Remember that time when you needed to fix some of your code? And you realized that there was code that was very similar to the bit you just changed? So then you gotta change that part too, and another too, and then maybe this bit too…you get the picture.

Find the correct tools

Para todo hay solucion
Photo by Cesar Carlevarino Aragon / Unsplash

Like a woodcutter, finding the correct and proper tools is very important. Before a woodcutter starts cutting trees. they have to decide - do they need a chainsaw? Or is an axe good enough? Or maybe there is a brand new lightsaber they can use. But using kitchen knife might take some time to cut down a tree.

It's similar for programmers: this book teaches us that it’s very important for us to find the proper tools before we start working (like a good code editor). We shouldn't jump right to coding.

For example, it’s actually possible to code using Windows notepad and compile it using the console. But is it the right tool for you? Try to find the best editor that you are most comfortable using. Learning and mastering it and it will increase your productivity by several times.

There are several editors mentioned in the book, such as Emacs or Vim. But nowadays you can find more modern code editors such as Visual Studio Code. Find one that suites you. It's like your taste in coffee – some people prefer lattes and others prefer cappuccinos.

Don’t program by coincidence

This is one very important point noted in the book. In all of our programming journeys, there have likely been times when we were just coding blindly and unexpectedly… and somehow it just worked.

You probably weren't sure what you were actually doing, so you kept adding more and more code and it still worked. That is, until one day when there was an issue and you tried to remove some chunk of code and it completely broke everything. And you were not sure which piece caused it.

Relying on unknowns is very dangerous. When you are not sure what the code is supposed to do, try to simplify it and make sure that the code is reliable in its own right, not just reliable by chance.

Rely only on things you are sure of. Don’t program by coincidence.

Unit test

Testing is a hot topic these days. And yes, it was also an important topic 20 years ago (and it will always be).

But sometimes people forget about unit tests these days. They might have just finished their code and they assumed everything was okay...until the code ended up broken in production because of edge cases.

In order to maintain stability and refactor safely, we always need to keep our code protected by writing unit tests. And it’s never enough if your tests only cover the happy path. Perform ruthless testing on your code, and remember that your code is not finished until you've covered every available test.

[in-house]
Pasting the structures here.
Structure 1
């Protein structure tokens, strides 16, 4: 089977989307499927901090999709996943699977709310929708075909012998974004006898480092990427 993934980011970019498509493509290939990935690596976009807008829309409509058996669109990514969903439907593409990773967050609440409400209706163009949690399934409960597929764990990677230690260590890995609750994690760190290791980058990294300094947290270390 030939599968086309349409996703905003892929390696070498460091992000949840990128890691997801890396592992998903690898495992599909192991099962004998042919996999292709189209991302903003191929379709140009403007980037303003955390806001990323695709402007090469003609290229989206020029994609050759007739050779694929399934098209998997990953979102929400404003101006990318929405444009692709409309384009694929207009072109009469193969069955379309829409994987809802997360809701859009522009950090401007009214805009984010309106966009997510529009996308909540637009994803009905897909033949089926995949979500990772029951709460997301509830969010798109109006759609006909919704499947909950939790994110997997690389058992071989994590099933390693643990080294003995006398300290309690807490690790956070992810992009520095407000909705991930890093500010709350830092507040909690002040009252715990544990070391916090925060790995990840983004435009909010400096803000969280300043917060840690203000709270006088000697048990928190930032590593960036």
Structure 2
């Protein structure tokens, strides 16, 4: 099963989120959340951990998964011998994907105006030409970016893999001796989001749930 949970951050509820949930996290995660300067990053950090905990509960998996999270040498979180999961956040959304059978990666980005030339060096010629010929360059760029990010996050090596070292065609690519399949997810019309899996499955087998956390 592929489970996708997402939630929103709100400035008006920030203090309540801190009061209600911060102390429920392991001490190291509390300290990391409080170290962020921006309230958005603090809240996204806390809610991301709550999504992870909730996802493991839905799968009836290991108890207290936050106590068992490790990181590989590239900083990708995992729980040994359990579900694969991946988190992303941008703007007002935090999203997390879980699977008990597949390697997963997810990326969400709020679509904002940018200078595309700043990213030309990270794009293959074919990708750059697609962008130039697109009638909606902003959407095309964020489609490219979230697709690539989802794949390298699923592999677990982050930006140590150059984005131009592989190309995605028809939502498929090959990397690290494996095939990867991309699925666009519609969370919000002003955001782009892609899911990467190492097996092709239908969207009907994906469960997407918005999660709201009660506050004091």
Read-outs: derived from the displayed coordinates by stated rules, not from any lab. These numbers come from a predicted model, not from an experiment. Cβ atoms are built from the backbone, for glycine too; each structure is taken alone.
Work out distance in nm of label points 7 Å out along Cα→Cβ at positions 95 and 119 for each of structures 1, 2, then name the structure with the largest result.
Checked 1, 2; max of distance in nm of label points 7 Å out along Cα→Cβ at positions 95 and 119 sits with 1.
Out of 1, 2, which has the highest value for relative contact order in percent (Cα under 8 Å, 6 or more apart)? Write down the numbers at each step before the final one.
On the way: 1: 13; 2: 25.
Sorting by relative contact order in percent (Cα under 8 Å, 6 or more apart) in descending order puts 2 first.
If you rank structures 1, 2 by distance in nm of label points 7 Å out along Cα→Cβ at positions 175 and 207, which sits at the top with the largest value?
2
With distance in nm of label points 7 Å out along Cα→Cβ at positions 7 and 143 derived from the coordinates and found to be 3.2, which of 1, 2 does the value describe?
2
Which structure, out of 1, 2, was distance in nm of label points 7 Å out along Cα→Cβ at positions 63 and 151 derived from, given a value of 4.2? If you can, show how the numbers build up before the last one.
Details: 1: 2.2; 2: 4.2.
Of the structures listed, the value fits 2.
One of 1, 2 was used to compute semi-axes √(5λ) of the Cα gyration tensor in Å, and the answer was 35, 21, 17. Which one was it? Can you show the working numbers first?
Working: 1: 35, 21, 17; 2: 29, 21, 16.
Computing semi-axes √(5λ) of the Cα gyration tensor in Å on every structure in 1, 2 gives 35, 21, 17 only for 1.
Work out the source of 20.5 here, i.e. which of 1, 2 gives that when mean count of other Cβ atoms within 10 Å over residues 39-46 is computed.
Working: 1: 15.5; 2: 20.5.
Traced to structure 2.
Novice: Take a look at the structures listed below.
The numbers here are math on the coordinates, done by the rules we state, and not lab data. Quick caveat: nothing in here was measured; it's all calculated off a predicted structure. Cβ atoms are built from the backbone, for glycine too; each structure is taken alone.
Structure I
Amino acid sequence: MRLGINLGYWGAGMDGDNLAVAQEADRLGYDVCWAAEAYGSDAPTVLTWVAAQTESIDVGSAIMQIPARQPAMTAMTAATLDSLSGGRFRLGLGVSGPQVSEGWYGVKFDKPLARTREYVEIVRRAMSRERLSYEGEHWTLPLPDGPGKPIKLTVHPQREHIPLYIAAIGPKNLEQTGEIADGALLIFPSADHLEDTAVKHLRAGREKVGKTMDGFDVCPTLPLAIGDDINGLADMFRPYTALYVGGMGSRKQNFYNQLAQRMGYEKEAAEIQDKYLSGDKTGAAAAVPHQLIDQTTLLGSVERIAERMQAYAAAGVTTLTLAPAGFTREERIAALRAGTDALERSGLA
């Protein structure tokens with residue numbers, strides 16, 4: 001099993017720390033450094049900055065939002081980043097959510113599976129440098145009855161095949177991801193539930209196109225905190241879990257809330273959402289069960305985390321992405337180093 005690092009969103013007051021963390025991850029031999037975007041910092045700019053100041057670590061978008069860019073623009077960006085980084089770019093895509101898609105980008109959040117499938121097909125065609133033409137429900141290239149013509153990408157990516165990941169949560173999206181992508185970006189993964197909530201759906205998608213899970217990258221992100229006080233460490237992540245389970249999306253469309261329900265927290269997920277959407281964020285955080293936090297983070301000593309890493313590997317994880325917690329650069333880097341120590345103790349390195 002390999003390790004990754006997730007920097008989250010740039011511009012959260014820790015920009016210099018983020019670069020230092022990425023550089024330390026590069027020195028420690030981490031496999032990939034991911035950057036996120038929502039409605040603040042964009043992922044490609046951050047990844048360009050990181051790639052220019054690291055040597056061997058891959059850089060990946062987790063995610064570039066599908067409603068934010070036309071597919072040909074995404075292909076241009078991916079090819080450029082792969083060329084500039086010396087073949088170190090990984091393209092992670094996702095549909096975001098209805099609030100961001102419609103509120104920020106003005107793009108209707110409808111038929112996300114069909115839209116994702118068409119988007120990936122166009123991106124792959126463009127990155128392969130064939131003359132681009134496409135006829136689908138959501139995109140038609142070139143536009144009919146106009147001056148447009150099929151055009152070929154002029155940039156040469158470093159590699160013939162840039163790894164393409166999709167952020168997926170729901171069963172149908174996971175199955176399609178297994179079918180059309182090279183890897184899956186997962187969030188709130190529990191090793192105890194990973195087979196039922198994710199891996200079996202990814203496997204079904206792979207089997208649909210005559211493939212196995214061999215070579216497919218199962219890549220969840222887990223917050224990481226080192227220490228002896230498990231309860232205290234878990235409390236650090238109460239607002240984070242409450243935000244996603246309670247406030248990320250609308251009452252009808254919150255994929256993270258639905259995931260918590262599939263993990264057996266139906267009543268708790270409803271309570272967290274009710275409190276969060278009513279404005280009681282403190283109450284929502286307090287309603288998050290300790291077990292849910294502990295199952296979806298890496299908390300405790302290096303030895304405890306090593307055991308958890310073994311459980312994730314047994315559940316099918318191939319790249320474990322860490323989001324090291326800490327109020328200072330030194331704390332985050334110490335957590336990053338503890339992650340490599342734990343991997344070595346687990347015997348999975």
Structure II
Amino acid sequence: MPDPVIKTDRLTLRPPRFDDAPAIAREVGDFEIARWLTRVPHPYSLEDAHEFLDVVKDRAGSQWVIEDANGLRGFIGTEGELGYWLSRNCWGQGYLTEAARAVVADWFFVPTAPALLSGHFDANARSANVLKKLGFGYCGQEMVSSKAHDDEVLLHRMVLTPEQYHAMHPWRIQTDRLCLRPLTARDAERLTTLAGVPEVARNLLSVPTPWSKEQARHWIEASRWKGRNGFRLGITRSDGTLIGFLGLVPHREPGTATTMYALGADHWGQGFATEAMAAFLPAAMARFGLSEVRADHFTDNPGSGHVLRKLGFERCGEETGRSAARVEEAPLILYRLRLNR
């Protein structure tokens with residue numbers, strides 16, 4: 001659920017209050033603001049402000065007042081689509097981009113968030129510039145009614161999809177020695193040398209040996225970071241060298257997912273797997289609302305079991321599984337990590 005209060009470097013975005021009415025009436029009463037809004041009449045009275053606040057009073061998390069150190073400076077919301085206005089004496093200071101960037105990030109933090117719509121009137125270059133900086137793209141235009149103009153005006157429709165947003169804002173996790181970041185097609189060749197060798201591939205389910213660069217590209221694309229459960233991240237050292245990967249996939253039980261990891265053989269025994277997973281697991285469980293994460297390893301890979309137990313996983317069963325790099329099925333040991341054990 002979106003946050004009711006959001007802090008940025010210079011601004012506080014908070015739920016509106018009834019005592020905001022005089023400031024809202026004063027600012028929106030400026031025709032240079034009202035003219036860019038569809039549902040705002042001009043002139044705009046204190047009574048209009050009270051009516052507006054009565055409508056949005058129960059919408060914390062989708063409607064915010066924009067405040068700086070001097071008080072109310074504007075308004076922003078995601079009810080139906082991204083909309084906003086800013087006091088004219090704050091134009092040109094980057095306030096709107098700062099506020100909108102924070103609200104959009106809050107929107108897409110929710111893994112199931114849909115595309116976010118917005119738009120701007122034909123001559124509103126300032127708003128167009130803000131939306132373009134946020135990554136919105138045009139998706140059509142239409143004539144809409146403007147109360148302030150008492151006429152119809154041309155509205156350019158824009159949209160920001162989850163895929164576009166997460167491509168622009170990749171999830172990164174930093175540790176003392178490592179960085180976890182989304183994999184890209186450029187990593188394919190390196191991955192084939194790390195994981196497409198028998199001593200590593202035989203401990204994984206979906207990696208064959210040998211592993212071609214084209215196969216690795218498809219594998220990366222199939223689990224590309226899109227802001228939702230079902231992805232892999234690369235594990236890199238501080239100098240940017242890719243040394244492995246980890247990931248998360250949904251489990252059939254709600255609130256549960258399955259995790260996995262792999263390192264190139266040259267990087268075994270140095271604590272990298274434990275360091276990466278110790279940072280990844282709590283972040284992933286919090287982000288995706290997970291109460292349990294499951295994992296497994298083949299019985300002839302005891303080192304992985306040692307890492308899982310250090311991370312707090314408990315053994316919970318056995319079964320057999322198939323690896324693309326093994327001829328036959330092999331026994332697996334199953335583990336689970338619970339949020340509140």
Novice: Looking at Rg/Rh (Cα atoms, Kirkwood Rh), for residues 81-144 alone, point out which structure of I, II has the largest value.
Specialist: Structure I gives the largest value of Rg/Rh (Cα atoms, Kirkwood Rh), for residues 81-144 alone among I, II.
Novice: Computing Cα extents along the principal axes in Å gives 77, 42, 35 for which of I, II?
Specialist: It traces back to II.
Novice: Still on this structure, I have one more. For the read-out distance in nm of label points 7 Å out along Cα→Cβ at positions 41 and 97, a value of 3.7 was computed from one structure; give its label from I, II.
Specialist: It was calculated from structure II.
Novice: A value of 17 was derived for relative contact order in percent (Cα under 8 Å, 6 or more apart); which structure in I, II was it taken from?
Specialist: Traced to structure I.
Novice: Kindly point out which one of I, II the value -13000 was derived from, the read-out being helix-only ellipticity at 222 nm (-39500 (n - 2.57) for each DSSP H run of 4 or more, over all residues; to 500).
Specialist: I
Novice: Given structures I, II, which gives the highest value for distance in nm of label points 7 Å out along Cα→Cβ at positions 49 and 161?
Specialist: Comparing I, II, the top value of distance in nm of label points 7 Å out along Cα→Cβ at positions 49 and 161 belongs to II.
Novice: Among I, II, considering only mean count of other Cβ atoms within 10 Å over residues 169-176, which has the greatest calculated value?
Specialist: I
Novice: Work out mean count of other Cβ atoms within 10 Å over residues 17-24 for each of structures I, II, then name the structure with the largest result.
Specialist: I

Unit testing will help you be confident that your piece of code is truly done.

Taking ownership

There's one last thing I want to talk about. As we know, programmers like to leave ‘legacies’ behind, in the form of code. And yes, most of the time it’s bad.

Being a programmer, we ought to take pride in our own work. We should be proud of the responsibility we've been given and the piece of code we have been working on.

When we are finally able to take pride in our code and own it, we will be able to leave a good legacy behind. And people will see our code as a signature. When they see our code, they'll know that it will be solid and well-written, by a professional.

Finishing up

There are even more topics covered in this book that I haven’t discussed here, such as Requirements and Teamwork. If you are interested in exploring these topics, you should try to find and read the book!

Just a note, however: as much as I liked the book, some stuff just didn't seem relate-able, looking at how old the book is (20 years old). It talks about old languages such as Prolog, and speaks about OOP like it’s a really new concept - so these oddities just don't seem right.

But it can’t be blamed since it's already a couple decades old.

Aside from that most of the stuff covered in the book is still quite relevant to the current age of Programming, like those topics I covered above.

If I was trying to sum everything up in this book, I'd say it basically covers everything I have ever read on the Web about becoming a better engineer.

Thanks for reading my article about The Pragmatic Programmer! Hopefully it has given you some insight into your journey as a Programmer or Software Engineer. And grab yourself a copy of the book if you are interested in learning more.

P.S. I wrote this article on my own, without any means of advertising or marketing from a third party. The cover photo was taken from amazon's site.